Glucose-6-Phosphate Dehydrogenase Deficiency (G6PD) Sequencing

98% 

Glucose-6-Phosphate Dehydrogenase (G6PD) 2 Mutations

Variable; dependent on country of origin

Analytical Sensitivity

For massively parallel sequencing:

Variant Class Analytical Sensitivity (PPA) Estimatea (%)
and 95% Credibility Region (%) 
Analytical Specificity (NPA) (%)

SNVs

>99 (96.9-99.4)

>99.9

Deletions 1-10 bpb

93.8 (84.3-98.2)

>99.9

Insertions 1-10 bpb

94.8 (86.8-98.5)

>99.9

aGenes included on this test are a subset of a larger methods-based validation from which the PPA values are derived.

bVariants greater than 10 bp may be detected, but the analytical sensitivity may be reduced.

bp, base pairs; NPA, negative percent agreement; PPA, positive percent agreement; SNVs, single nucleotide variants

Results

Results for G6PD Sequencing and G6PD 2 Mutations
Test Result Interpretation

No variants detected

Individual’s risk to be affected with G6PD deficiency is reduced

Specific risk reduction is dependent on clinical sensitivity of the DNA test

One class IV variant (c.376A>G, otherwise known as the A+ allele) detected

Individual’s risk to be affected with G6PD deficiency is reduced

Specific risk reduction is dependent on clinical sensitivity of the DNA test

One pathogenic variant identified

Males are predicted to be affected and females are at increased risk to be affected

Two pathogenic variants detected on opposite chromosomes

Individual is predicted to be affected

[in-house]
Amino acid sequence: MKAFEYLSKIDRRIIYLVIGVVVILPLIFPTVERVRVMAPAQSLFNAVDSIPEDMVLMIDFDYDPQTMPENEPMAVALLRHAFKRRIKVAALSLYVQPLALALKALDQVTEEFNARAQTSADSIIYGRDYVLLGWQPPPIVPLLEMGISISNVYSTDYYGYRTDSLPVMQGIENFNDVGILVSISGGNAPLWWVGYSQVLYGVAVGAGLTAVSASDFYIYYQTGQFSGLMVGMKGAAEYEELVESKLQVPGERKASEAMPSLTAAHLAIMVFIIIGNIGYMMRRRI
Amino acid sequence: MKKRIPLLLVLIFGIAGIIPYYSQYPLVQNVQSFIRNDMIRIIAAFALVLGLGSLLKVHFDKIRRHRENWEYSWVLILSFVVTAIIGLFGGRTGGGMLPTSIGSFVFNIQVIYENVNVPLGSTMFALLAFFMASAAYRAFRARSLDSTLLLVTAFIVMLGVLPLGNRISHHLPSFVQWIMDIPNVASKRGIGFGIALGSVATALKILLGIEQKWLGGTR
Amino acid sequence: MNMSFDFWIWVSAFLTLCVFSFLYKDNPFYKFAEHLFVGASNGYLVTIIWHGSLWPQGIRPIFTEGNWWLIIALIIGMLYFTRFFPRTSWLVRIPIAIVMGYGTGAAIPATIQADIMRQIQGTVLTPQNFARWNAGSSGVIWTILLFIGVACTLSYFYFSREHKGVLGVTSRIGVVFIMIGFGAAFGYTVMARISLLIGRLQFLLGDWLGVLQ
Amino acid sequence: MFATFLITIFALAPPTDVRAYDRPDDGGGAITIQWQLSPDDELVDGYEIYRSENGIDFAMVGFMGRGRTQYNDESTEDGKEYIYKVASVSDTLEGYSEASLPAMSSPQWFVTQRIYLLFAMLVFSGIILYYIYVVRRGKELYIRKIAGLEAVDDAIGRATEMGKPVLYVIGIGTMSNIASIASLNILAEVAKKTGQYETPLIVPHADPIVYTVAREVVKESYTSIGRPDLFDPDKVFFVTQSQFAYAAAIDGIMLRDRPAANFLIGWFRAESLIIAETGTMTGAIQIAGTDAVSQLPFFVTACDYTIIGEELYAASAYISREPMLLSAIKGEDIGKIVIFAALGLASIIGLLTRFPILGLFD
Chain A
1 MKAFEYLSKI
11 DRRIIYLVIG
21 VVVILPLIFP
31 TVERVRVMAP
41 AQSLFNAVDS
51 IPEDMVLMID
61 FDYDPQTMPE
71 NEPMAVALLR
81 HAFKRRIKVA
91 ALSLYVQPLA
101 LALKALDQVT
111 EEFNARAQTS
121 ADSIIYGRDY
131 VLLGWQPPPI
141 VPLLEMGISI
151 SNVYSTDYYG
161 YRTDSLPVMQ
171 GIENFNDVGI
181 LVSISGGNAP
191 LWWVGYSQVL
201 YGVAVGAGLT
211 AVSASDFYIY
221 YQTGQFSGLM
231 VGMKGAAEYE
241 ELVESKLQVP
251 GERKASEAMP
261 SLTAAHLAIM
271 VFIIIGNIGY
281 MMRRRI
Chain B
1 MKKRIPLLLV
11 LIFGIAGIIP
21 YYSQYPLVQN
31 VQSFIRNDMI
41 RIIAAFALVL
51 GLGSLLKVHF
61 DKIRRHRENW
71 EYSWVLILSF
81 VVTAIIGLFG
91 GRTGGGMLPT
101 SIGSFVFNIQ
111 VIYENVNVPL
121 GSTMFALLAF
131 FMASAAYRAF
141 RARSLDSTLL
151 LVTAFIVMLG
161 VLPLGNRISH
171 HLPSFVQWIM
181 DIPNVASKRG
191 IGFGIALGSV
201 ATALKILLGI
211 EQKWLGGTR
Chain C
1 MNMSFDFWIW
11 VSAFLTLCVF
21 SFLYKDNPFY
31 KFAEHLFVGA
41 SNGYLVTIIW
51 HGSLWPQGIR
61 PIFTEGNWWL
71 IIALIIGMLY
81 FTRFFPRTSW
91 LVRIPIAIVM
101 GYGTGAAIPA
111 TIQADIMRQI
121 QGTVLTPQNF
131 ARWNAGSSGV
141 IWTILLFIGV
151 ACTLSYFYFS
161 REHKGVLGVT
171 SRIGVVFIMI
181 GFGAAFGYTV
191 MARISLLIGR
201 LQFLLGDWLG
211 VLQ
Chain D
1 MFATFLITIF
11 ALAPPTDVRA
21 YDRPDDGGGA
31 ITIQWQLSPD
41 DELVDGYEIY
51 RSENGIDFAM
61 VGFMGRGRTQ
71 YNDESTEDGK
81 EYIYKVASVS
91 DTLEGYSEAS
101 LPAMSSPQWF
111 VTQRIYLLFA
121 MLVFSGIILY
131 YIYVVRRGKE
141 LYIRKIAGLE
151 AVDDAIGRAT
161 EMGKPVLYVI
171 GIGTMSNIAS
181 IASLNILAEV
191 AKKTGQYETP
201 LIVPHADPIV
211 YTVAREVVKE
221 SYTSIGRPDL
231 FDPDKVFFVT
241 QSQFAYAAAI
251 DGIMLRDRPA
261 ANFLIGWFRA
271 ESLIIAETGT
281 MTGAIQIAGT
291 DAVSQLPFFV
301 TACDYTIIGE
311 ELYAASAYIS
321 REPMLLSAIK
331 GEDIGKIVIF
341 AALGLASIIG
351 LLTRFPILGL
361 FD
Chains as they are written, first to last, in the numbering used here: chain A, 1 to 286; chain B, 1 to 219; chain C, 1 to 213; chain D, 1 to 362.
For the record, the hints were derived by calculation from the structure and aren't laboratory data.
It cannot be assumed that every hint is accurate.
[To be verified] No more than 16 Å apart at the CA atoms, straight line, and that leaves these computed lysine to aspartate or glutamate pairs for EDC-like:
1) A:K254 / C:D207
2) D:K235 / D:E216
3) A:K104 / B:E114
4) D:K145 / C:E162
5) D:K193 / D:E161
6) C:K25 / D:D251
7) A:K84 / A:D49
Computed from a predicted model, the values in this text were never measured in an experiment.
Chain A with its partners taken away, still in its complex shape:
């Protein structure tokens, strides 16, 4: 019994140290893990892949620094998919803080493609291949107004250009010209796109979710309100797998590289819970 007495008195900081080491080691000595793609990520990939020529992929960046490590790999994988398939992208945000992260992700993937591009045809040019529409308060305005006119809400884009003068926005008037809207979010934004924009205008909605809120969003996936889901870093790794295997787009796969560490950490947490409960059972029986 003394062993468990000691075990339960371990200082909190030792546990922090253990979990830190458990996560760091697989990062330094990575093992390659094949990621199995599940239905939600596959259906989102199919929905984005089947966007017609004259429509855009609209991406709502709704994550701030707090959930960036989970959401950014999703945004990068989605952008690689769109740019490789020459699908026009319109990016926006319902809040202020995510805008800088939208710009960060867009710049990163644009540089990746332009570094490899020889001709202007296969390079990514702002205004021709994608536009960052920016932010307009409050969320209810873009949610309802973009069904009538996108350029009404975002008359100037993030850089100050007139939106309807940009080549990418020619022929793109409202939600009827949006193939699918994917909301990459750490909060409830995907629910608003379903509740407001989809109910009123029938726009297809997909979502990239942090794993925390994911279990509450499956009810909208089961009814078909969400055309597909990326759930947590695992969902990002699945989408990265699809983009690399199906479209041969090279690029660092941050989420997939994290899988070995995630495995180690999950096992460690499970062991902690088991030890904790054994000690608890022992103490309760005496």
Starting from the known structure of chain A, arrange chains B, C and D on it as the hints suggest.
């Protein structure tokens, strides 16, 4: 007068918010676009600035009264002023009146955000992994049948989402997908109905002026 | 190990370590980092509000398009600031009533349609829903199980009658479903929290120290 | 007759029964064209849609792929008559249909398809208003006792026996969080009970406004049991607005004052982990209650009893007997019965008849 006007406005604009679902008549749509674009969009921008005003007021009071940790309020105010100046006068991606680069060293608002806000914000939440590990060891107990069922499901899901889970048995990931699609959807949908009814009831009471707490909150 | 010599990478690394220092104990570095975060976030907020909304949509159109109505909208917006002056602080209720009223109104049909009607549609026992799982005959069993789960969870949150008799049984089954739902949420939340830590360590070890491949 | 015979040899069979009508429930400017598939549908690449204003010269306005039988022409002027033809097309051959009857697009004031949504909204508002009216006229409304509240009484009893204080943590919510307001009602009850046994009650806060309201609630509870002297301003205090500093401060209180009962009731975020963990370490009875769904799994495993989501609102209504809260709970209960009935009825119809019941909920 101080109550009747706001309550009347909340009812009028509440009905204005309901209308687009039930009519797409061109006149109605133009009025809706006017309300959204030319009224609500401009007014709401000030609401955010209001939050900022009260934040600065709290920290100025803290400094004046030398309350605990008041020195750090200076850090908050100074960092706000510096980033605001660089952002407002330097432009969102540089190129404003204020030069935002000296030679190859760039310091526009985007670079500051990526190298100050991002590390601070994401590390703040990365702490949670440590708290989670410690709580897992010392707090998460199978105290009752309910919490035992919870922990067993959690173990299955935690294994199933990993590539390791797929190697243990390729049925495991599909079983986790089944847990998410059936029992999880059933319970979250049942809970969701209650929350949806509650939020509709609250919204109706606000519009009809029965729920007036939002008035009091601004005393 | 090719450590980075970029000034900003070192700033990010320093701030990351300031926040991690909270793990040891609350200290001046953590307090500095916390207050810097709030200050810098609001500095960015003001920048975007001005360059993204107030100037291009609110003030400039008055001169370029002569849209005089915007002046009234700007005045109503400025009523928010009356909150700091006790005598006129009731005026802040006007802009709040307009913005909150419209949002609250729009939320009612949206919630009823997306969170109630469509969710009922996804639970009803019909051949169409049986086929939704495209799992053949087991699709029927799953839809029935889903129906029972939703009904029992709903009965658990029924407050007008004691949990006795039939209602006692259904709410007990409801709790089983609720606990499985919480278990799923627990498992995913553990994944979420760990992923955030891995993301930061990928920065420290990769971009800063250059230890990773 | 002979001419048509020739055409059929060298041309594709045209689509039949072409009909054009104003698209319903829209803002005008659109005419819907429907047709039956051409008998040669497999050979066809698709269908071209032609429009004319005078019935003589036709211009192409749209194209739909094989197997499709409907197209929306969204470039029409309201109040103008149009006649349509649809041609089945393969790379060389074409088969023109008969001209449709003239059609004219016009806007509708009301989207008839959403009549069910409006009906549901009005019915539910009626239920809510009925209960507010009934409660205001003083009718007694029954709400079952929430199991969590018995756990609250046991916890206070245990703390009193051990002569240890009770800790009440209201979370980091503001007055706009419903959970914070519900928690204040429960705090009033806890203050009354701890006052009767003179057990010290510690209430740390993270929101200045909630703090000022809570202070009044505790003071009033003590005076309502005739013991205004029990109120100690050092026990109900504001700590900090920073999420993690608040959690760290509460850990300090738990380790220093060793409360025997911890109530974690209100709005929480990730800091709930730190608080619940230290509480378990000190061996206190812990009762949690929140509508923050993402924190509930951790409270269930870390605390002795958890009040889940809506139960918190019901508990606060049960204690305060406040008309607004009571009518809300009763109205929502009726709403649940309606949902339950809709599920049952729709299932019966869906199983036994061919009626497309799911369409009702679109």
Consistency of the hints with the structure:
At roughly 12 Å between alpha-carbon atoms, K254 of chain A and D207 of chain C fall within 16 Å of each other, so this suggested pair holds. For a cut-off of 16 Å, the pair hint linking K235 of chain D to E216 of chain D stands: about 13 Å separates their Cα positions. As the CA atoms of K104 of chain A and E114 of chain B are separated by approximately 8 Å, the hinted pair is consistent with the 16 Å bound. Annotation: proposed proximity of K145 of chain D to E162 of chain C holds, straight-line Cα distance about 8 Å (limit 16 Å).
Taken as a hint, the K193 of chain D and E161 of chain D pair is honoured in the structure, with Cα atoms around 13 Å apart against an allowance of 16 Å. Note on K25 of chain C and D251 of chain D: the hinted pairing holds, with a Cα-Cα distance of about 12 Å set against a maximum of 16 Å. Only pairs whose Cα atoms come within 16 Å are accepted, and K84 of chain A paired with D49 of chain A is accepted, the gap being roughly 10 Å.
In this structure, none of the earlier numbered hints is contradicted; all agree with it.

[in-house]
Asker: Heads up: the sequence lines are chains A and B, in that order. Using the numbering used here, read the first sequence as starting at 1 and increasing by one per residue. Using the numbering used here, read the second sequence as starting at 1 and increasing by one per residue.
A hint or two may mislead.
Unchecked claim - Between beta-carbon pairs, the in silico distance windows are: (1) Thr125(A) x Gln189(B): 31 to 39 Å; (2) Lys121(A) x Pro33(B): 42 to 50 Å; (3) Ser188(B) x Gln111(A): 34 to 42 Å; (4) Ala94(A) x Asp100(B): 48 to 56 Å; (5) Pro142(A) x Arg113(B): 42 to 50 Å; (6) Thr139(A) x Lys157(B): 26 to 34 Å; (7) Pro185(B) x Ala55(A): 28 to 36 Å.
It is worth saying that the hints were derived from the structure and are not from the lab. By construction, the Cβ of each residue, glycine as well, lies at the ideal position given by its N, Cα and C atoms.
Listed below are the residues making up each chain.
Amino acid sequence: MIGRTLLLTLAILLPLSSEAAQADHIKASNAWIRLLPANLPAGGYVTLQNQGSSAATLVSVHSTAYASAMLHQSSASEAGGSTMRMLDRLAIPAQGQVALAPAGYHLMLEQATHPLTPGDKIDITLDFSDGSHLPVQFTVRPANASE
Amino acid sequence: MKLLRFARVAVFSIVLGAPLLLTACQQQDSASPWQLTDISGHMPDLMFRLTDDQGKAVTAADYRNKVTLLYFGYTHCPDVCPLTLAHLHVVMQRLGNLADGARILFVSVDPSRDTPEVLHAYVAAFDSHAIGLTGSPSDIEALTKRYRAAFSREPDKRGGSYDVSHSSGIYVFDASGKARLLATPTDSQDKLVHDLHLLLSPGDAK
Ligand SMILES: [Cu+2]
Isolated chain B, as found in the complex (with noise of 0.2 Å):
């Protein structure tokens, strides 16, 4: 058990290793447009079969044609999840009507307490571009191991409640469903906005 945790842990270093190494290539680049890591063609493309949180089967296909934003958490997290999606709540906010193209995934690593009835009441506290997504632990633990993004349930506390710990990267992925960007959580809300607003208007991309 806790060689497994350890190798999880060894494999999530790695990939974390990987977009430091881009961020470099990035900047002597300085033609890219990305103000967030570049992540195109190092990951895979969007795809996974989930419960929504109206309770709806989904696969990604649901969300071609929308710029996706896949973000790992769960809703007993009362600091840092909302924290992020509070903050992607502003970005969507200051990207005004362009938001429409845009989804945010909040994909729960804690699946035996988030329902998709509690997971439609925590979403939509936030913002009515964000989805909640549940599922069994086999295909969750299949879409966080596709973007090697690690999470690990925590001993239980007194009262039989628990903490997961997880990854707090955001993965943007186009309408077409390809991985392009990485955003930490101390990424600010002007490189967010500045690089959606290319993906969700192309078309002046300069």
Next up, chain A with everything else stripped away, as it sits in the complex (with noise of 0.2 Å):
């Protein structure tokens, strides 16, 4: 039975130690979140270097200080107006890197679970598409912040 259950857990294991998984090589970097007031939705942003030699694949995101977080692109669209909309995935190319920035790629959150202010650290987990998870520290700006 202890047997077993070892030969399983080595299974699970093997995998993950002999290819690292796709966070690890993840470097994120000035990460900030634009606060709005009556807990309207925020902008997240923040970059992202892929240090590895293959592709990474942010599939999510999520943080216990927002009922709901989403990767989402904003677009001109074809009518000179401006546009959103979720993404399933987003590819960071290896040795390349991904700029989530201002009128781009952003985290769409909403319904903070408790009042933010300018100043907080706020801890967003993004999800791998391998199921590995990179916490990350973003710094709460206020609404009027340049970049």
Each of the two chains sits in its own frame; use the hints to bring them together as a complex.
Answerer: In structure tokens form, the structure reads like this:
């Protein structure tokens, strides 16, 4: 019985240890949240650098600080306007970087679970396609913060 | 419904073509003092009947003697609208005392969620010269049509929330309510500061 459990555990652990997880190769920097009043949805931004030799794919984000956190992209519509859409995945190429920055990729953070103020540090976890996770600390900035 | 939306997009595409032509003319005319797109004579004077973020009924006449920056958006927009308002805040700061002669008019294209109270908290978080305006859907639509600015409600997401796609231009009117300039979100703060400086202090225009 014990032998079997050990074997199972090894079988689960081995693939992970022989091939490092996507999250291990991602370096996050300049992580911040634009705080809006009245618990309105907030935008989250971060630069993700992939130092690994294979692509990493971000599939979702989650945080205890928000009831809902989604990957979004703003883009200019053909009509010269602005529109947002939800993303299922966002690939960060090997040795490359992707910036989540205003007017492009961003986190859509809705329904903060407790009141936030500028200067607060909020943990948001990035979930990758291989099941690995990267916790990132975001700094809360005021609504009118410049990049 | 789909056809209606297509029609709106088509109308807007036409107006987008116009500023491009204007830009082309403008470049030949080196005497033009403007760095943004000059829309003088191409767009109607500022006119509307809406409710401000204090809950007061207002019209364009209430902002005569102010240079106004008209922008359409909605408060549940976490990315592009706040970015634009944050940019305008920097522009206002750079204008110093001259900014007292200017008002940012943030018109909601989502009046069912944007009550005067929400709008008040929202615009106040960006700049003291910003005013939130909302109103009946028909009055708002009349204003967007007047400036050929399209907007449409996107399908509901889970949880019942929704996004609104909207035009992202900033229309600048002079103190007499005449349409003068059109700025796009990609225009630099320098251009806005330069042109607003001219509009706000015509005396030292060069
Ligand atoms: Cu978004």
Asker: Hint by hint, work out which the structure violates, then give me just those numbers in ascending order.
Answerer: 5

One VUS detected

It is unknown if the individual is affected or not

If the VUS is determined to be pathogenic in the future, males are predicted to be affected and females are at an increased risk to be affected

One pathogenic variant and one VUS detected

Males are predicted to be affected

Females are at an increased risk to be affected and are predicted to be affected if the VUS is later determined to be pathogenic

VUS, variant of unknown significance

Limitations

Glucose-6-Phosphate Dehydrogenase Deficiency (G6PD Sequencing

  • A negative result does not exclude a diagnosis G6PD deficiency.
  • Diagnostic errors can occur due to rare sequence variations.
  • Interpretation of this test result may be impacted if this patient has had an allogeneic stem cell transplantation.
  • The following will not be evaluated:
    • Variants outside the coding regions and intron-exon boundaries of the G6PD gene
    • Regulatory region and deep intronic variants
    • Large deletions/duplications in the G6PD gene
    • Noncoding transcripts
    • Phase of variants on complex alleles; concurrent detection of c.376A>G and c.202G>A is presumed to reflect the complex A- allele (both variants on the same chromosome)
  • The following may not be detected:
    • Deletions/duplications/insertions of any size by massively parallel sequencing
    • Low-level somatic variants
    • Certain other variants due to technical limitations in the presence of pseudogenes or repetitive/homologous regions

Glucose-6-Phosphate Dehydrogenase (G6PD) 2 Mutations

  • G6PD variants other than c.376A>G and c.202G>A are not detected.
  • This assay is not able to determine phase; concurrent detection of c.376A>G and c.202G>A is presumed to reflect the complex A- allele (both variants present on the same chromosome).
  • Diagnostic errors can occur due to rare sequence variations.

References